(1) Sc. 1756 M. Calderwood Journey (M.C.) 164:
It goes down with a step, which makes the door so low, that if any body from without speaks to you, they must sit down on their hungkers. Ayr. a.1796 Burns Jolly Beggars Recit. vi. 9–10:
Wi' ghastly e'e poor Tweedle-Dee Upon his hunkers bended. Rxb. 1808 A. Scott Poems 48:
When in a bog twa paddocks sat, . . . Cock't on their hunkers, facin' ither. Arg. c.1850 in L. McInnes Dial. S. Kintyre (1936) 30:
Doon on our hunkers let us crooch. e.Lth. 1887 P. McNeill Blawearie vii.:
Did ye sit on yer hunkers, wi' a foot ranst against the wa' face, when ye began to “puil”. Fif. 1894 J. Menzies Our Town 155:
He'll gang on his hunkers an' recant. Kcb. 1894 Crockett Lilac Sunbonnet xvi.:
I was suppler in gettin' up aff my hunkers then than at the present time. Uls. 1901 J. W. Byers North. Whig:
Another [accomplishment of a good slider] is to squat down with the haunches, knees, and ankles acutely bent so as to bring the hams near the heels and throw the whole weight upon the forepart of the feet — that is, to “go upon the hunkers”. Abd. 1915 H. Beaton Benachie 25:
In harvest the corn was cut with “hyeuks,” in which operation the women took their part, a very trying one for the first day or two, owing to the awkwardness of sitting on the “hunkers” so long. Gsw. 1957 Bulletin (19 Oct.):
All down on our hunkers tugging at the carpet. (2) Per. 1830 Perthshire Advertiser (6 May):
This question threw the civic functionary fairly on his “hunkers”. Ayr. 1887 J. Service Dr Duguid 228:
Oor cheese is on its hunkers, but you'll hae a preein' o't for a' that. Sc.(E) 1913 H. P. Cameron Imit. Christ i. xiii.:
Bot an he hauds hissel up wi' lang-tholin whan he's on his hunkers, than thar wull be houp o' muckle fordal.
2. The pastime of sliding upon ice on one's hunkers (Rxb. 1923 Watson W.-B.).
3. Combs.: (1) currie-hunkers, see Currie-hunkers; (2) cutty-hunker, see Cutty, n., 3.; (3) hunker-bane, thigh bone, femur (Cai., Per. 1957); (4) hunker-slide, hanker- (Watson), v., (a) to slide on ice in a crouched position, sitting on one's hunkers (Gall. 1824 MacTaggart Gallov. Encycl. 278; Rxb. 1923 Watson W.-B.). Gen.(exc. I.)Sc. Vbl.n. hunker-sliding; (b) fig. to evade a duty or a promise, to “slither out of” an undertaking, to act in a shifty manner, to prevaricate. Gen.Sc.; to run off, decamp (Watson). Hence hunker-sliding, vbl.n., dishonourable or shifty conduct, evasive behaviour, “back-sliding”; ppl.adj., evasive, “slippery”, dishonourable; hunker-slider, a “slippery customer.” Gen.Sc.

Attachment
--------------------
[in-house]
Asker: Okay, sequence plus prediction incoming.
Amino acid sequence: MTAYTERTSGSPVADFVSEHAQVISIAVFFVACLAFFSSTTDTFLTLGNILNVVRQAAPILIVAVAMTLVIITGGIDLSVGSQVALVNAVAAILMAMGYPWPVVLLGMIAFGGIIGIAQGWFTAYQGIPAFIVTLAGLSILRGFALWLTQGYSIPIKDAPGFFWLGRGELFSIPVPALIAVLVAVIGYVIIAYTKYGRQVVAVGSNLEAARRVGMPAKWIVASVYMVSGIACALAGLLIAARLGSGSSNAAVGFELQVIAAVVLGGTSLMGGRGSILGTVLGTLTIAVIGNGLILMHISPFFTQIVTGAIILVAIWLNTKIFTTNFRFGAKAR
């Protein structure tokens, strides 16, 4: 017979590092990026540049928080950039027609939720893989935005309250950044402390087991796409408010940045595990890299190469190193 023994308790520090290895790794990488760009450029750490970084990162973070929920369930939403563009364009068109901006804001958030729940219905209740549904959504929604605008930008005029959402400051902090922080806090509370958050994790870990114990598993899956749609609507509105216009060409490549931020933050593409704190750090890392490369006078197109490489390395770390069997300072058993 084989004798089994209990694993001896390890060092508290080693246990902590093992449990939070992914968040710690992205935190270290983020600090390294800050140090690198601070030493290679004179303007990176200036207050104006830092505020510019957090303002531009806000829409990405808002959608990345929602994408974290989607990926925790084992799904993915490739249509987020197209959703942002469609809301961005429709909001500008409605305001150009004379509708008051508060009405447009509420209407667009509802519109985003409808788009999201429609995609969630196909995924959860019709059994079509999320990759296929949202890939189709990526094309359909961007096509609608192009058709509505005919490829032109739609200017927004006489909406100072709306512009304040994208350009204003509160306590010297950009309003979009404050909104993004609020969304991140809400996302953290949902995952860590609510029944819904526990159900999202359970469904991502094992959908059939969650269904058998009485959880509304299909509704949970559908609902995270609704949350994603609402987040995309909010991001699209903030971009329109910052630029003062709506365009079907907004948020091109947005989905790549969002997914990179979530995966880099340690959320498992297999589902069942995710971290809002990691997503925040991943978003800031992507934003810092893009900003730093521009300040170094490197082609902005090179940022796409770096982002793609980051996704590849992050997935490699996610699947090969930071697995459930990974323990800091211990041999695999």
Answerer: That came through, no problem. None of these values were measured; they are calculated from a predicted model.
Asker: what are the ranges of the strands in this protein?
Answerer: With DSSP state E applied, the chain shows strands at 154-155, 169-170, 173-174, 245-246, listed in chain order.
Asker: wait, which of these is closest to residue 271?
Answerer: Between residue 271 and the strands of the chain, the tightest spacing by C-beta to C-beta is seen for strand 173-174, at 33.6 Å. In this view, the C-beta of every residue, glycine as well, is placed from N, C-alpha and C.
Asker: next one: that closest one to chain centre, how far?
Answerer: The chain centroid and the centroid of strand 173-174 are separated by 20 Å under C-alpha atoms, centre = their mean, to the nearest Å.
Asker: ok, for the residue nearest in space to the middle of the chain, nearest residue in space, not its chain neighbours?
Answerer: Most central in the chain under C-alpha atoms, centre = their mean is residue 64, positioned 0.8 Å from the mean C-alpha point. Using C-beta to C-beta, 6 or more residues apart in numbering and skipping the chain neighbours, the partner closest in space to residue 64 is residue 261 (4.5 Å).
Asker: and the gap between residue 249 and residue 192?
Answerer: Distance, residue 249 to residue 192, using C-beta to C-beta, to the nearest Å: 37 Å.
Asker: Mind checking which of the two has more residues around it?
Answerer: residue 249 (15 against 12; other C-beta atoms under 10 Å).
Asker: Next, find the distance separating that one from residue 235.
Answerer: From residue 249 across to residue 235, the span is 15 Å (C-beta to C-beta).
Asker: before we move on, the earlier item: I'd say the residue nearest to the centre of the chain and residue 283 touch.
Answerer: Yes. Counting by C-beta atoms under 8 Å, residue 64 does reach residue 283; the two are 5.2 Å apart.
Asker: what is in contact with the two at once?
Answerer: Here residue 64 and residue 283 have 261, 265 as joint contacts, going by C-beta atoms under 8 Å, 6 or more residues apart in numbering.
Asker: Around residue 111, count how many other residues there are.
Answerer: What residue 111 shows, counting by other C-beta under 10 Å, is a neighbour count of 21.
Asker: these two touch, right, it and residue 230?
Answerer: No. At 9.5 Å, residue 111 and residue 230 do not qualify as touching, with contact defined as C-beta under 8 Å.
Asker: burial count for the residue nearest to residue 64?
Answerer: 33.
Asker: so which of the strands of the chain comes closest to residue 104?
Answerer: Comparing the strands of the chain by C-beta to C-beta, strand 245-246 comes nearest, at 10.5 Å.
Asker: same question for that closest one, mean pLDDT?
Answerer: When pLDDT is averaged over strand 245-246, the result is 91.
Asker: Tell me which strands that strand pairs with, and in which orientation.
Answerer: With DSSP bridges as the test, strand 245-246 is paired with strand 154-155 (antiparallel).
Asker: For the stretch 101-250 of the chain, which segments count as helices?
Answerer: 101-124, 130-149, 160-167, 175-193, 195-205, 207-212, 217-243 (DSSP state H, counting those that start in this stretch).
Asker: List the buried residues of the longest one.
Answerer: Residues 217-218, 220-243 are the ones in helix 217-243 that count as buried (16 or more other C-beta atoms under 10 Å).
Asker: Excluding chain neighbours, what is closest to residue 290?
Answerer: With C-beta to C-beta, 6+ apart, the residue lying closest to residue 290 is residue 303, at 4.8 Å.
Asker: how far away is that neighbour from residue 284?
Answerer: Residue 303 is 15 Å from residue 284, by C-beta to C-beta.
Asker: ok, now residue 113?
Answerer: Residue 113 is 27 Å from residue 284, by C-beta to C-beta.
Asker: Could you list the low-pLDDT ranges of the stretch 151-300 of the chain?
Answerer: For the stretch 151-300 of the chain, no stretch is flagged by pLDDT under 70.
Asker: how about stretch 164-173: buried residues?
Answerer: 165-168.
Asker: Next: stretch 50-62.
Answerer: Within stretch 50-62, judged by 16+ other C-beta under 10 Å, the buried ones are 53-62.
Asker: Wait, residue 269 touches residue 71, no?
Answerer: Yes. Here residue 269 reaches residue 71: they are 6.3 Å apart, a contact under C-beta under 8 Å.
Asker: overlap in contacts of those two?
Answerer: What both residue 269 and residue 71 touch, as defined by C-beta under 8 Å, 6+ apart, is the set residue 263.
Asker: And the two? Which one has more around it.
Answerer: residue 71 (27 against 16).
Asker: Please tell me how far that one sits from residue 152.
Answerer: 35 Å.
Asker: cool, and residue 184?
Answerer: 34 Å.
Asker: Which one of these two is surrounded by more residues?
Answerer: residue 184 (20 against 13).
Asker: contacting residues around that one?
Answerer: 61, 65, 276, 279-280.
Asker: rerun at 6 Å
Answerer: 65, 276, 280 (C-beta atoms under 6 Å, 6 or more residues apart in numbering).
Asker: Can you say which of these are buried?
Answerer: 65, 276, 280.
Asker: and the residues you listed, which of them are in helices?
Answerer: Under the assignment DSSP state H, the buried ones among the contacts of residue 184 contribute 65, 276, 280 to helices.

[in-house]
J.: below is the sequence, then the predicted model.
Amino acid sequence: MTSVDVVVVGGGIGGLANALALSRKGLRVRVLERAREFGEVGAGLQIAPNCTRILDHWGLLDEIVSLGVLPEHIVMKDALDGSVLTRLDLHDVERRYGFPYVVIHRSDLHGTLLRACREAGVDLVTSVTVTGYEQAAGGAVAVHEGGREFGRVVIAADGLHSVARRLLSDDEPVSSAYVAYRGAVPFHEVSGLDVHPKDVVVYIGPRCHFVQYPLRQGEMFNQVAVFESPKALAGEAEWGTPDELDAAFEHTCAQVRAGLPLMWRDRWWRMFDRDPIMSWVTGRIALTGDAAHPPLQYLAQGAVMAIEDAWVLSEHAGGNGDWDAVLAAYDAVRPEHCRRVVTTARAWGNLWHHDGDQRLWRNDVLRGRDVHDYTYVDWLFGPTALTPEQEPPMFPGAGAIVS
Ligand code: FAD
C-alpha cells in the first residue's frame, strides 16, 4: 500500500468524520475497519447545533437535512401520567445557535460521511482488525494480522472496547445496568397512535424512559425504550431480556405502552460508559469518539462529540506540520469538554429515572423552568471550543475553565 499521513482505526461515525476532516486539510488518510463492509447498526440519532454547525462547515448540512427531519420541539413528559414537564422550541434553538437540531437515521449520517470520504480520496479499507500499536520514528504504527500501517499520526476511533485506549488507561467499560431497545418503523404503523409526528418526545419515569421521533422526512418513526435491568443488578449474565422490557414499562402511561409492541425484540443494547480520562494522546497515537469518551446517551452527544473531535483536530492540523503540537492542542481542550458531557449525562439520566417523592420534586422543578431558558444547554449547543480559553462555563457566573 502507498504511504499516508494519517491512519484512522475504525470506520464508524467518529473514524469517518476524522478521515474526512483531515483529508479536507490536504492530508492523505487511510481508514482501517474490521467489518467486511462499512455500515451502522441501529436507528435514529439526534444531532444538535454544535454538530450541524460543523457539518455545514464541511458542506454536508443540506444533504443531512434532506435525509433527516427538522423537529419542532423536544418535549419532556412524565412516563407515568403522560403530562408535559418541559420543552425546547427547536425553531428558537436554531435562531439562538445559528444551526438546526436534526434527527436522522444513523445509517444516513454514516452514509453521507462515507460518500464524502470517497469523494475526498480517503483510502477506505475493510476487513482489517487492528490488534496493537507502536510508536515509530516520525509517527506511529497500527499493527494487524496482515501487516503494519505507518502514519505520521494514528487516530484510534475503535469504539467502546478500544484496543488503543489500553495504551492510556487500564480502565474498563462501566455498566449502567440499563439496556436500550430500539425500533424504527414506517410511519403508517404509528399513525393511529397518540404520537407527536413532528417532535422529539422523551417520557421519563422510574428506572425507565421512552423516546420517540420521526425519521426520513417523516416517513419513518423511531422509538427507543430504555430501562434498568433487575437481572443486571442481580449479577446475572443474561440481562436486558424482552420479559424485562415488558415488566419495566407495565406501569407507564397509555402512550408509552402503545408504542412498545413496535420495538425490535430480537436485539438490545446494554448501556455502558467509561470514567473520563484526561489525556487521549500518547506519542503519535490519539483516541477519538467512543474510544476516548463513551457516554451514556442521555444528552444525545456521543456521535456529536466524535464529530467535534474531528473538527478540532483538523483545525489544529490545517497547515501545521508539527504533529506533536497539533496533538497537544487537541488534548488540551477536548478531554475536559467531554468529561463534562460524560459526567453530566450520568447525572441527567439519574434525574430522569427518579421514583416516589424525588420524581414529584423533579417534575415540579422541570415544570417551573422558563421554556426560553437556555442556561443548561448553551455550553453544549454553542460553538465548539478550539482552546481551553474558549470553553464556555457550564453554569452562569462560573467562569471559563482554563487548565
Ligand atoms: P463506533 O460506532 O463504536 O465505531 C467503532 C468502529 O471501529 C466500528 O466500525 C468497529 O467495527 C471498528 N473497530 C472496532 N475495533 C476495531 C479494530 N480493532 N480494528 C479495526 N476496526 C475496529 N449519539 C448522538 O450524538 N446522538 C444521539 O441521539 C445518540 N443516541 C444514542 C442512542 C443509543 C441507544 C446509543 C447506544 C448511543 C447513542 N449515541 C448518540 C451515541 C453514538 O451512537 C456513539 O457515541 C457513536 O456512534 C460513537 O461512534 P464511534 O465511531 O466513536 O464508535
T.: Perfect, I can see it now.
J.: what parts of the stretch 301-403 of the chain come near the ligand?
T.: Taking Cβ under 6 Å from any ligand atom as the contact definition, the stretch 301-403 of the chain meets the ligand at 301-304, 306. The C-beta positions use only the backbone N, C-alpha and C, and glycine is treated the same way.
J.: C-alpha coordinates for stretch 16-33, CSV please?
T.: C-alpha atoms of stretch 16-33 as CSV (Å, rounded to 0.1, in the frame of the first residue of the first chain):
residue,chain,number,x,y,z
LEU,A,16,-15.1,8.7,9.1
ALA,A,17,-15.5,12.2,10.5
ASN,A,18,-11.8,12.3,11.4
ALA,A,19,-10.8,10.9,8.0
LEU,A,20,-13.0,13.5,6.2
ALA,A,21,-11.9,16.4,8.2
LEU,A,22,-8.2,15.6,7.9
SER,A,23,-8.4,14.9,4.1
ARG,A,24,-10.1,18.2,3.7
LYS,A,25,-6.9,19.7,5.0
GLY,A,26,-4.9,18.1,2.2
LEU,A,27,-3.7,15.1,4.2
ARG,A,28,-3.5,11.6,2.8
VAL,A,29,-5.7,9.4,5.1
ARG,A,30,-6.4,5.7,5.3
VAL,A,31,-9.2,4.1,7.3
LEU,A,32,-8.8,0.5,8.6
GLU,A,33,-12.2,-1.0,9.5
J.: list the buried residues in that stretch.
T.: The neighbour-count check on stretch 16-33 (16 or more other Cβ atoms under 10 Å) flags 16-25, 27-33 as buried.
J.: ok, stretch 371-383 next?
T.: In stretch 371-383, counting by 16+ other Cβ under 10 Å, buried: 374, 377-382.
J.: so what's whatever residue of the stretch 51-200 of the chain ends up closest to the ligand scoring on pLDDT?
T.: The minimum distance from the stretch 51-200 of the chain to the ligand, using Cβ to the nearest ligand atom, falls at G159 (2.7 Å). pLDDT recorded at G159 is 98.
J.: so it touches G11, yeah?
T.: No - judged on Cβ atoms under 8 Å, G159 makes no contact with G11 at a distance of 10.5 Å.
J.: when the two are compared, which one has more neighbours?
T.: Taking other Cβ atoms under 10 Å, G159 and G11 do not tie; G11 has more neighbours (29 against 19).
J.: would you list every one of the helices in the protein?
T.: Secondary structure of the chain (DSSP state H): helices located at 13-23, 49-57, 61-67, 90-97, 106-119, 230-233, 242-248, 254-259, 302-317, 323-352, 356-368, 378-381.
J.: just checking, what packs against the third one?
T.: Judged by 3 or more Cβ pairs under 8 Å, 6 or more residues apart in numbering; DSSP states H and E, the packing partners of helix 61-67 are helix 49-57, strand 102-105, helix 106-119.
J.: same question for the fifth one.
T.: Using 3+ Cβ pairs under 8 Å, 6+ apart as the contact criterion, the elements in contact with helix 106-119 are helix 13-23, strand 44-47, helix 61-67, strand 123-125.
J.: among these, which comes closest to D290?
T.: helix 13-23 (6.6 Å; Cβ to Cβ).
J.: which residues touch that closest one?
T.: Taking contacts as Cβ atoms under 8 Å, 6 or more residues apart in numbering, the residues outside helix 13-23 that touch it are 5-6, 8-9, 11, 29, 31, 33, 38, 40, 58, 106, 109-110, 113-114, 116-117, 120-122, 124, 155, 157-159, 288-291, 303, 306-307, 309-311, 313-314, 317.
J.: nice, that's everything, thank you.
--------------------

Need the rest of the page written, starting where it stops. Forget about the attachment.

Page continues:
(3) Bnff. 1934 J. M. Caie Kindly North 25:
Yer shouthers, ribs, an' hunker-banes are teetin' throu' the skin. (4) (a) Ayr. 1828 J. Dunlop Curling (1883) 40:
Nor think o' hame, nor mother's flyte, Till tired wi' hunker-sliding. (b) wm.Sc. 1888 Anon. Archie Macnab 8:
Noo, Archie M'Nab, nane o' yer hunker-slidin'. Dmf. 1912 J. L. Waugh Robbie Doo 144:
I'm a man o' action. When I mak' up my mind to do a thing it's dune there and then. Nae hanker-slidin' wi' me. Rxb. 1918 Kelso Chron. (17 May) 2:
The day's catch is duly checked and attested by “any J.P. or local post or station master.” No hunker-sliding — no fish under seven inches to be weighed. Uls. a.1929 L. I. Walsh Yarns 159:
The rest's such a lot of oul' hunkersliders that they'll jist do whatever he bids them. Sc. 1936 D. Rorie Lum Hat 28:
The hunker-slidin' bleck! The coorse ill-deedie chiel! Abd. 1957 People's Jnl. (14 Dec.):
Weel, there wis nae hunker-slidin' aboot the programme.
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"Hunker v., n.". Dictionary of the Scots Language. 2004. Scottish Language Dictionaries Ltd. Accessed 18 Jan 2018 <http://www.dsl.ac.uk/entry/snd/hunker>